While traveling on a train to London, Miss Marple is told by a woman she has never met, Lavinia Pinkerton, that she is certain there have been two murders in her village of Wychwood. When Lavinia dies in what is purported to be an accident - she fell, or was pushed, down the escalator in a tube station - Miss Marple decides to visit Wychwood and see what she can find. As Miss Marple is apt to say, one English village is like another and Wychwood has its secrets like any other. The first woman to die was Florie Gibbs who, despite being experienced in such things, supposedly ate poison mushrooms she picked herself. The second was the local vicar who failed to wear his mask when using poison near his beehives. The third is a young woman who, it is said, accidentally drank hat dye instead of her cough medicine. Miss Marple finds a clue that points to a motive with origins many years before and a secret someone will do anything, including murder, to keep hidden.Written by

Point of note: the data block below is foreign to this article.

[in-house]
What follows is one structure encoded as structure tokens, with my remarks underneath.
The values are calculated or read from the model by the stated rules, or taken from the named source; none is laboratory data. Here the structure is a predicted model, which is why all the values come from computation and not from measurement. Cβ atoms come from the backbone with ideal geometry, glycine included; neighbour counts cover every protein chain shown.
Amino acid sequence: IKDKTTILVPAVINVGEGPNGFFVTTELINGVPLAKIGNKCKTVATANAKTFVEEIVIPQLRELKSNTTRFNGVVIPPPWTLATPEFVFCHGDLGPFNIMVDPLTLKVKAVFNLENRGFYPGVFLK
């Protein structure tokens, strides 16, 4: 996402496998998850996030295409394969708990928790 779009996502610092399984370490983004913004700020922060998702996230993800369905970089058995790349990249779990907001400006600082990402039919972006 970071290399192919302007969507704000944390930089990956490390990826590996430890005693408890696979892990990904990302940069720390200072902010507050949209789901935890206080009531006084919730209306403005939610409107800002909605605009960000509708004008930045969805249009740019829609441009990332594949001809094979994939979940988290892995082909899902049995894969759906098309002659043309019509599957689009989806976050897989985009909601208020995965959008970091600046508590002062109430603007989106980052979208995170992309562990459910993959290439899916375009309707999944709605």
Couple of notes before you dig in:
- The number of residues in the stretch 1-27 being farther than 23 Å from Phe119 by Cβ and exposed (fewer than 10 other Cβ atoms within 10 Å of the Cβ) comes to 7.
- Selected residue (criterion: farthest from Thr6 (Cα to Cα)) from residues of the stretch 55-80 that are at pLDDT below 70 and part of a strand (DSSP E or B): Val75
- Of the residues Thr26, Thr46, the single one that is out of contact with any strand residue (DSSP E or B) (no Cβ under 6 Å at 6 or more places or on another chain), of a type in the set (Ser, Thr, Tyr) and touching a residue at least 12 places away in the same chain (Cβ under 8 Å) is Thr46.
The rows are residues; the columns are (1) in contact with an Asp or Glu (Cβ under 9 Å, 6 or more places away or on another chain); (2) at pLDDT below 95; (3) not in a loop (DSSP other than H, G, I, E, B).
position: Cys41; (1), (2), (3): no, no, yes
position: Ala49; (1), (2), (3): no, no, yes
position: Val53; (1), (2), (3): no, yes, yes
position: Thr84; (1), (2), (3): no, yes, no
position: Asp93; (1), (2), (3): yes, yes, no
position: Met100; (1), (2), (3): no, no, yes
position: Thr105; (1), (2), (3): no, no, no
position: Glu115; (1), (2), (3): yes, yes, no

truly dire adaption of Agatha Christie. not only was the plot changed dramatically (different motive for killing etc) but also the dialogue creaked and was totally anachronistic. None of the characters spoke or treated each other like people from the 1940's - as though the writers were either completely ignorant, too lazy to read the original or watch contemporary drama, or desperately trying to make it more 'accessible' to a 21st century audience. But Agatha Christie is not The Tudors. Her characters and the language they spoke are still recognisable to people living today. The pace also sagged like a pair of ancient granny's tights. The only realistic thing in the entire episode was Gemma Redgrave's performance as the doctor's new widow going mad with grief - but perhaps she was desperately trying to escape the reality of the direness of the drama she found herself in. ITV seems to have completely lost confidence in Agatha Christie's power over her readers, which is strange considering the David Suchet Poirot series is meticulous and gripping and still making money for ITV today.
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